Unexplained cash deposits of scrapped high-denomination bank notes could attract a 50% tax. Photo: Reuters/Mukesh Gupta

People who make unexplained cash deposits of scrapped high-denomination bank notes before December 31 may have to pay 50% tax, along with a four-year lock in period for half of the remaining amount, under new government proposals.

Those who do not declare the unaccounted cash voluntarily could face a higher 90% tax and penalty.

The cabinet, which met Friday night, came up with the changes to the tax law to plug existing loopholes. The amendments will be tabled in parliament on Monday or Tuesday.

The news comes amid reports of a huge surge in deposits in Jan Dhan accounts across the country. Jan Dhan accounts were part of a 2014 drive by Prime Minister Narendra Modi to encourage millions of rural and urban poor to open bank basic accounts with simplified rules regarding proof of identity and address.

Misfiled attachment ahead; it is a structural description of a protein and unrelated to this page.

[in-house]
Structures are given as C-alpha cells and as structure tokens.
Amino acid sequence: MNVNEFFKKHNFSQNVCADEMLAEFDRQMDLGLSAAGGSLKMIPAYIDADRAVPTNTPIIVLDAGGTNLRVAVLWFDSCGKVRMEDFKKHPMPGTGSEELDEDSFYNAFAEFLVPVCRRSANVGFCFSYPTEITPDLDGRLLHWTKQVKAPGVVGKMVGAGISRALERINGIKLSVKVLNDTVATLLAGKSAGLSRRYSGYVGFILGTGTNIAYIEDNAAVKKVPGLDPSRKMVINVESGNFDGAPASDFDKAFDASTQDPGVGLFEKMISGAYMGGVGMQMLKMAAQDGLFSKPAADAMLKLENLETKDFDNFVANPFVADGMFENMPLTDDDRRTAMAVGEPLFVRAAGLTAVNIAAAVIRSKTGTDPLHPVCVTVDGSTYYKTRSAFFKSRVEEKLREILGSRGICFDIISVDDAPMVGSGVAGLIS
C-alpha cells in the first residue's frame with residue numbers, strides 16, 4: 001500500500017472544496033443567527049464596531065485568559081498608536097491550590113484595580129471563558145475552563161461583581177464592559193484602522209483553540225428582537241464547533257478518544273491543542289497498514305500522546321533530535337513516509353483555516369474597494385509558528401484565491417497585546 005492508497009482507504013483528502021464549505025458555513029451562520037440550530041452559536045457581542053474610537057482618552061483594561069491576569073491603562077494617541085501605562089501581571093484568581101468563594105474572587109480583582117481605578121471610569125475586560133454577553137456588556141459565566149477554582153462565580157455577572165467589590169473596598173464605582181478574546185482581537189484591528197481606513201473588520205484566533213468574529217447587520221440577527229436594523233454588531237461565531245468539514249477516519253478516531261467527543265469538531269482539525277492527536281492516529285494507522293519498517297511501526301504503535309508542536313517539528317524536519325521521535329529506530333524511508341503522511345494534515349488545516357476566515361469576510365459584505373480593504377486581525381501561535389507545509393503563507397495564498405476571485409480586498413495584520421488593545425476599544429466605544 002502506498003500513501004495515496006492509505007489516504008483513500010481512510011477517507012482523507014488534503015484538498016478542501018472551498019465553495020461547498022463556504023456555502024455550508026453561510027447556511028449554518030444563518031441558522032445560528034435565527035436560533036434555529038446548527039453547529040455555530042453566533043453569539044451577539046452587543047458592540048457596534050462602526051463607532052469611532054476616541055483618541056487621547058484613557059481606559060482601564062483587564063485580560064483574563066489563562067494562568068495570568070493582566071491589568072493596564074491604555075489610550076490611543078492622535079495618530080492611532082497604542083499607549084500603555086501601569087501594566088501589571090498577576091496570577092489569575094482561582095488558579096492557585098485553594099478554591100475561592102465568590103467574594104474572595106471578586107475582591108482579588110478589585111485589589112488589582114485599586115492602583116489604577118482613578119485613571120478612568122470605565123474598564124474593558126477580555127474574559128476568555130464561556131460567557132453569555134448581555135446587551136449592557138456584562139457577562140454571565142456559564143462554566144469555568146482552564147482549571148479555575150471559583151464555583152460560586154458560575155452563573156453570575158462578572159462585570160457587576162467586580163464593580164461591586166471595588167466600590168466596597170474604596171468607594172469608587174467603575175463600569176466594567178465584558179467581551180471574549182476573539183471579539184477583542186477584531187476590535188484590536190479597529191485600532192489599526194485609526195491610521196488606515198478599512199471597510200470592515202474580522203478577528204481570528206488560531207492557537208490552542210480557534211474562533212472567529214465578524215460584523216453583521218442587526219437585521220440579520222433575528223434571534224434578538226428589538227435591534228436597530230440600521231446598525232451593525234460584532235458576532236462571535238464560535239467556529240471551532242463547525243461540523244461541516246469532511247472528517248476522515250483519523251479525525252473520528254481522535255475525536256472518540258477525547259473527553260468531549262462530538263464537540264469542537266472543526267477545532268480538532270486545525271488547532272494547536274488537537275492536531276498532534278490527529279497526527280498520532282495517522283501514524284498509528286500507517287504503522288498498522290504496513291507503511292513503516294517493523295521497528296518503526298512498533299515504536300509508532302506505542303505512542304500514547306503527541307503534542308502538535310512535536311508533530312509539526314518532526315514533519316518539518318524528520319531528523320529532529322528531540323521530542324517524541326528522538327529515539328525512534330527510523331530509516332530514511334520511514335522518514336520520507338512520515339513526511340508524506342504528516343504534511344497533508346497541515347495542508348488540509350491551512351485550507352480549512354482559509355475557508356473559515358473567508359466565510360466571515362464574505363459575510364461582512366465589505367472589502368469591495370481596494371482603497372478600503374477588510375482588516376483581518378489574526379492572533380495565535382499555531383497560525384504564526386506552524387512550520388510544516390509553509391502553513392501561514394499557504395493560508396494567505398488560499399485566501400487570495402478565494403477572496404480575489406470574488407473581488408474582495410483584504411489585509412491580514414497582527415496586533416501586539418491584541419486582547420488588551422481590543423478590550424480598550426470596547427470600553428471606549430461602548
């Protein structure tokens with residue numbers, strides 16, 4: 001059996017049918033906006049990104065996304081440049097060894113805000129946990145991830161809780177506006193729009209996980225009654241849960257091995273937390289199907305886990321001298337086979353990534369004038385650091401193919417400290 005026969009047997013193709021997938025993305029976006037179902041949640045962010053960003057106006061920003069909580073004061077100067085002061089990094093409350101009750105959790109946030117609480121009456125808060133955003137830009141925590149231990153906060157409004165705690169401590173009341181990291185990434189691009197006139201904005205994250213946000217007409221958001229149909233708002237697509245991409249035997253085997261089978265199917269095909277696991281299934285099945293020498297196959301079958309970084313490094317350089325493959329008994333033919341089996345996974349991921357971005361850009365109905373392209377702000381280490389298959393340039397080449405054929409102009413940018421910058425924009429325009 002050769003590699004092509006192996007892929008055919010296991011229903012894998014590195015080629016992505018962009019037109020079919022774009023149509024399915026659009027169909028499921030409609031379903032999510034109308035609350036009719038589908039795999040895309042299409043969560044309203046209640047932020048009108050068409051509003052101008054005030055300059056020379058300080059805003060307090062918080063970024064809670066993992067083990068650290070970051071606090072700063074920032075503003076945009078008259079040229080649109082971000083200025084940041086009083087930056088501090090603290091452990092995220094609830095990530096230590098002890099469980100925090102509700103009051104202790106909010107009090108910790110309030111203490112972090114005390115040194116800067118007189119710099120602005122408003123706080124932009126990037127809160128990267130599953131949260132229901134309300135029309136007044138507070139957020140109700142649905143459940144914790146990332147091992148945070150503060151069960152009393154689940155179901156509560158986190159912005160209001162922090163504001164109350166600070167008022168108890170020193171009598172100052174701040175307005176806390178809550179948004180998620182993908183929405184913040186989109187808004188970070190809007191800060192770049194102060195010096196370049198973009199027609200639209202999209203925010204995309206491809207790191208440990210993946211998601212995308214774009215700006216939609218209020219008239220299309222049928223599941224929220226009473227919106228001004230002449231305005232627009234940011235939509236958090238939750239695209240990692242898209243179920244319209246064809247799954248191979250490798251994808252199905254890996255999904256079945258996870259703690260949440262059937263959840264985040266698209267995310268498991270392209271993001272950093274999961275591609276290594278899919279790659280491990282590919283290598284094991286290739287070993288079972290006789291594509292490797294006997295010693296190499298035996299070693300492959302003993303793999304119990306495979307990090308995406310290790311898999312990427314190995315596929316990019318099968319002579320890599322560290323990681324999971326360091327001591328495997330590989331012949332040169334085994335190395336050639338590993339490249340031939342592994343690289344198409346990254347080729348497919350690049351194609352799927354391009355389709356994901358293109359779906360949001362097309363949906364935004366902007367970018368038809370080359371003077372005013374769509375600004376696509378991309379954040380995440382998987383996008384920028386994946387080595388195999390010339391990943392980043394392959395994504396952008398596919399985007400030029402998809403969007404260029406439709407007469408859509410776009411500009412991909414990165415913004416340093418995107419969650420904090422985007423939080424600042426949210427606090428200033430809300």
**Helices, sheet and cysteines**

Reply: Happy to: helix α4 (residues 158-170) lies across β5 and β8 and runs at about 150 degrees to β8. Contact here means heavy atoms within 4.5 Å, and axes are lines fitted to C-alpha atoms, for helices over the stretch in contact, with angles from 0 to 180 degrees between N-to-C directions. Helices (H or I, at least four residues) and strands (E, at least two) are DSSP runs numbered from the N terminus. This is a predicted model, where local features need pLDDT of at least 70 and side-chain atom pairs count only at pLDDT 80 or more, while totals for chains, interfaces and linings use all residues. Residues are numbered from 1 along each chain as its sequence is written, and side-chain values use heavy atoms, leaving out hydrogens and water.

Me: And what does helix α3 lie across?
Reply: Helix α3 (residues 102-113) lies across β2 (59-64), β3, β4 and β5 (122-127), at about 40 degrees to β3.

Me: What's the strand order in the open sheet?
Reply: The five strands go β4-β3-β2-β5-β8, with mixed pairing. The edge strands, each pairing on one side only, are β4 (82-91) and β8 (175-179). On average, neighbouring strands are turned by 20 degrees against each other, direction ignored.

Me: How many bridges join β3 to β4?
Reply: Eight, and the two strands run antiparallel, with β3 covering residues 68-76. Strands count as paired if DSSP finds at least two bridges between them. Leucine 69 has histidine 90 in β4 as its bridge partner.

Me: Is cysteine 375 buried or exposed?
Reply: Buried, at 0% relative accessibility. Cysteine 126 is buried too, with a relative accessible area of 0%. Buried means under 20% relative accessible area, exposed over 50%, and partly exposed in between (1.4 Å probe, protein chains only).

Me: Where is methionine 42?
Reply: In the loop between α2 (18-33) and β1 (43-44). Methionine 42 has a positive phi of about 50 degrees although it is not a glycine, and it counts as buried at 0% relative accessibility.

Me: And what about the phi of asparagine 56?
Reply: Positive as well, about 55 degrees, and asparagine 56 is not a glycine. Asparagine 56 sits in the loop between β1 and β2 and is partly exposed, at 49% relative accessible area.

Authorities now suspect that the surge in deposits could be an attempt by black money hoarders to launder their unaccounted wealth by depositing it in the accounts of poor people.

Meanwhile, the government has also announced a number of new measures and relaxations on the usage of old currency notes.

Exchange of old notes for new ones was stopped with effect from Thursday midnight due to concerns over the cash supply with pay day approaching.

Although the demonetization has been promoted as a mammoth exercise to stop money laundering, counterfeiting and corruption, it has removed 86% of the total currency in circulation leading to cash crunch.

Anticipating the pay day rush, banks are planning to set up micro ATMs on their premises and allow partial withdrawal of salaries.

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